Steaming Towards Improved Maritime Air Quality
For several years, the International Maritime Organisation (IMO) has stipulated low levels of sulphur emissions close to densely populated coastal areas, such as the English Channel and the coastal waters off the United States. As from the 1st of January 2020, lower sulphur emission levels in the
IMO regulations became effective worldwide and the measures to monitor and reduce NOx emissions were also tightened. This will bring marine air pollution control more closely in line with smokestack industries such as power plants and refineries where continuous emissions monitoring systems
(CEMS) have been used for decades to measure and mitigate NOx and SO2 emissions.
No more smog in Sydney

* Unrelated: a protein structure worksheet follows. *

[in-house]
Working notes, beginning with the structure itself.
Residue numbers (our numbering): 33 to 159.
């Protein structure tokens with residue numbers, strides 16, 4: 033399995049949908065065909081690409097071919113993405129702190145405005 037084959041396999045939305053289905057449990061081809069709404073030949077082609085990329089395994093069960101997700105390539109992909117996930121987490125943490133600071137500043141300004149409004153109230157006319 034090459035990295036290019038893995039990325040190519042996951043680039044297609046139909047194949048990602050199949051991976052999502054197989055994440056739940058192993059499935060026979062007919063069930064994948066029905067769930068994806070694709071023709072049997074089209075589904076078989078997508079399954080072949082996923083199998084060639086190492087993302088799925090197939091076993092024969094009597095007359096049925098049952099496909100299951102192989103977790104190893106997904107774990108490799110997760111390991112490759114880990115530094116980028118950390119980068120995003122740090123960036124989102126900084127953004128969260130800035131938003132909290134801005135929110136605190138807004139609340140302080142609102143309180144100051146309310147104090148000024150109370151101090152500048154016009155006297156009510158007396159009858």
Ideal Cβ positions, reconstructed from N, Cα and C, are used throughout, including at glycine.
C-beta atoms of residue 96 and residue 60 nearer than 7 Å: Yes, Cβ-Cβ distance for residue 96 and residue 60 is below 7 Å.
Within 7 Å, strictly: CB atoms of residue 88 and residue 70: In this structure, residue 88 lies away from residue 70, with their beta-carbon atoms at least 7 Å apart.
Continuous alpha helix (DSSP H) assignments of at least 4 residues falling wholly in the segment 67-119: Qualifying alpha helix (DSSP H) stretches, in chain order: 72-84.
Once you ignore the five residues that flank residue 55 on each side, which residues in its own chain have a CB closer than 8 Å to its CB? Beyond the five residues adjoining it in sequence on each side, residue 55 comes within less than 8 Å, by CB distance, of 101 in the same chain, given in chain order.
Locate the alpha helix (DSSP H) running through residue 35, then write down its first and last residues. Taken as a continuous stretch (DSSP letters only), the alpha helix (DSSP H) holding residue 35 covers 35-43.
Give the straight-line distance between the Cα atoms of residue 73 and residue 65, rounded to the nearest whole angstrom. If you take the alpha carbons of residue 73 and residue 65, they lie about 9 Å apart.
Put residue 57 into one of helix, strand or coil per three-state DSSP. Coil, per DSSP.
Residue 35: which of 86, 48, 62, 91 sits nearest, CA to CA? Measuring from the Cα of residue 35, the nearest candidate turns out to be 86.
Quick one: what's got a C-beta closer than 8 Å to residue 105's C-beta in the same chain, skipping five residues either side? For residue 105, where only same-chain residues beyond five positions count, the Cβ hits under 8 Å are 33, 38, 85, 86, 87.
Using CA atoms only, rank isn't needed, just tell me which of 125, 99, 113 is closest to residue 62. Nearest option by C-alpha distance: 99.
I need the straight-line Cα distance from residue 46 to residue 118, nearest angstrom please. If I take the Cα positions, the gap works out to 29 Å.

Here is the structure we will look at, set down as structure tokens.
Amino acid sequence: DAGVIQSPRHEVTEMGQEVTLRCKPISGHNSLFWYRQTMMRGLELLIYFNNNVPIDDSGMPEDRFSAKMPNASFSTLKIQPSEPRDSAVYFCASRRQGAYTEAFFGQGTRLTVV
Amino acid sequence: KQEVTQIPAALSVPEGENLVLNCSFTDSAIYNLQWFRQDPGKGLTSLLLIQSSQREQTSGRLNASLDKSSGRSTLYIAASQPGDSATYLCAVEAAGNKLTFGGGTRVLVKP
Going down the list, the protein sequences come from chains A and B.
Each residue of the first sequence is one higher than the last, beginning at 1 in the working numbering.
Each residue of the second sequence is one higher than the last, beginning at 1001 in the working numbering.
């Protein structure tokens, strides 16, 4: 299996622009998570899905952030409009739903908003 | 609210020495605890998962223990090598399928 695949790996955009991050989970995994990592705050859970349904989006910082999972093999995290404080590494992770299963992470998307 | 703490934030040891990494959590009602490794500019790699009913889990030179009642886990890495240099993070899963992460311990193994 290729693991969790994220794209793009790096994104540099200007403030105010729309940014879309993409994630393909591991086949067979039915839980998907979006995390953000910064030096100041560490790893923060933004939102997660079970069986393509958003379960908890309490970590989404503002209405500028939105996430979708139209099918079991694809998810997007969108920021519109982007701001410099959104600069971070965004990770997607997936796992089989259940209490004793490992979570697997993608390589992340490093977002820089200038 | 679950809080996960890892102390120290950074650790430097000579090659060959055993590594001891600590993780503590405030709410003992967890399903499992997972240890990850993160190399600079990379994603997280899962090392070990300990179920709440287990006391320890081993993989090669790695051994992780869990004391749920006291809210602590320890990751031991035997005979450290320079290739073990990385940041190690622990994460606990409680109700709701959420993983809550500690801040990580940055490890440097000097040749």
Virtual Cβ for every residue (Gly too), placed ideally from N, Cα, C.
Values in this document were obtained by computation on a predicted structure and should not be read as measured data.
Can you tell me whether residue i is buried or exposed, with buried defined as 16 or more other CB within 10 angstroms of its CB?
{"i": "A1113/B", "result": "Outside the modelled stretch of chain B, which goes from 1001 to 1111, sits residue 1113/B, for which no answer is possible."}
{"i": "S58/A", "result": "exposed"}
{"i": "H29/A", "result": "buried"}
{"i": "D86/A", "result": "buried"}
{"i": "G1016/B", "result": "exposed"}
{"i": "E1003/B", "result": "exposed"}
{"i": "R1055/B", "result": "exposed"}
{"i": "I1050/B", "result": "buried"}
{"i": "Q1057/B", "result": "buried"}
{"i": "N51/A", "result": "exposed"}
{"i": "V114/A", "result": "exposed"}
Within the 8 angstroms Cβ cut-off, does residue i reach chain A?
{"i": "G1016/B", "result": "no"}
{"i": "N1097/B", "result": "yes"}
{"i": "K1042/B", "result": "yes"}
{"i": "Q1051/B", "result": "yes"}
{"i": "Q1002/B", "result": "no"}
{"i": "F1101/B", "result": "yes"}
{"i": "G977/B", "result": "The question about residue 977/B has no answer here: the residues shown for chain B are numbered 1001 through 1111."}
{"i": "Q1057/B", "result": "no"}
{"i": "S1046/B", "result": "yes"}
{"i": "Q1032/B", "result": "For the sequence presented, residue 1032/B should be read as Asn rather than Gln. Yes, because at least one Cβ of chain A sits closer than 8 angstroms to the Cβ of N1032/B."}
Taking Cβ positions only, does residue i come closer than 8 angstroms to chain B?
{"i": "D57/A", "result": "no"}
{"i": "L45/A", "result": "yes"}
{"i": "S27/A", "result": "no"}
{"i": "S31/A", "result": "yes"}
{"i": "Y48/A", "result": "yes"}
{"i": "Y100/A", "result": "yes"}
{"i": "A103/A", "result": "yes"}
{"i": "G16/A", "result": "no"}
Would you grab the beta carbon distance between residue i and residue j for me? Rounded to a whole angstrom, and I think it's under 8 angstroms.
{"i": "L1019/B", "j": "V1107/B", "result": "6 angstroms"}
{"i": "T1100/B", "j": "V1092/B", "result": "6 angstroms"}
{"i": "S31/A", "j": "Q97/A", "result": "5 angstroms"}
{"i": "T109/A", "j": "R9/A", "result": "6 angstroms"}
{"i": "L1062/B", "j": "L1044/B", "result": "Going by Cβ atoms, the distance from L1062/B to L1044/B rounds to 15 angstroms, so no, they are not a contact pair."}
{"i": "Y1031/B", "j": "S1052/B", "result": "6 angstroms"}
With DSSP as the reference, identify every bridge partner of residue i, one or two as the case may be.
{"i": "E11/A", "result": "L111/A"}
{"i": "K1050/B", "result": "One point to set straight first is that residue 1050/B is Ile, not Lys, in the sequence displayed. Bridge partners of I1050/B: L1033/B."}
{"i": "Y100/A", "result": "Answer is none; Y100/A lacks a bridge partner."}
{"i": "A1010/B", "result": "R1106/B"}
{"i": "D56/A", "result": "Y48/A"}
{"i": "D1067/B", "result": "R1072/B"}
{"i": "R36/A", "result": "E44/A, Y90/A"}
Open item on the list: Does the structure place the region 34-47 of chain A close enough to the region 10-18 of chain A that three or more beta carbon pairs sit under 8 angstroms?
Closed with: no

Some of the world’s most beautiful cities are blessed with an ocean setting or sit on the banks of a navigable river. Places such as Auckland, Bangkok, Brisbane, Singapore, Shanghai and Sydney and Wellington might spring to mind. Through history, these cities have grown as centres of trade due to their maritime connections. Shipping in some of these locations, such as Shanghai, has predominantly moved out of the city centre to the Yangshan Deep Water Port close by. However, some other densely populated cities such as Sydney are still very much in the heart of the active port. From a public health and air quality perspective active port cities will be some of the biggest winners with the implementation of the IMO 2020 marine emissions standards. Populations located close to busy shipping lanes, such as the Straits of Malacca between Indonesia and Malaysia, will also feel the benefit of improved air quality resulting from cleaner smokestack emissions from the circa 70 ships that steam through the Straits each day as they move goods between East Asia and the Middle East or Europe.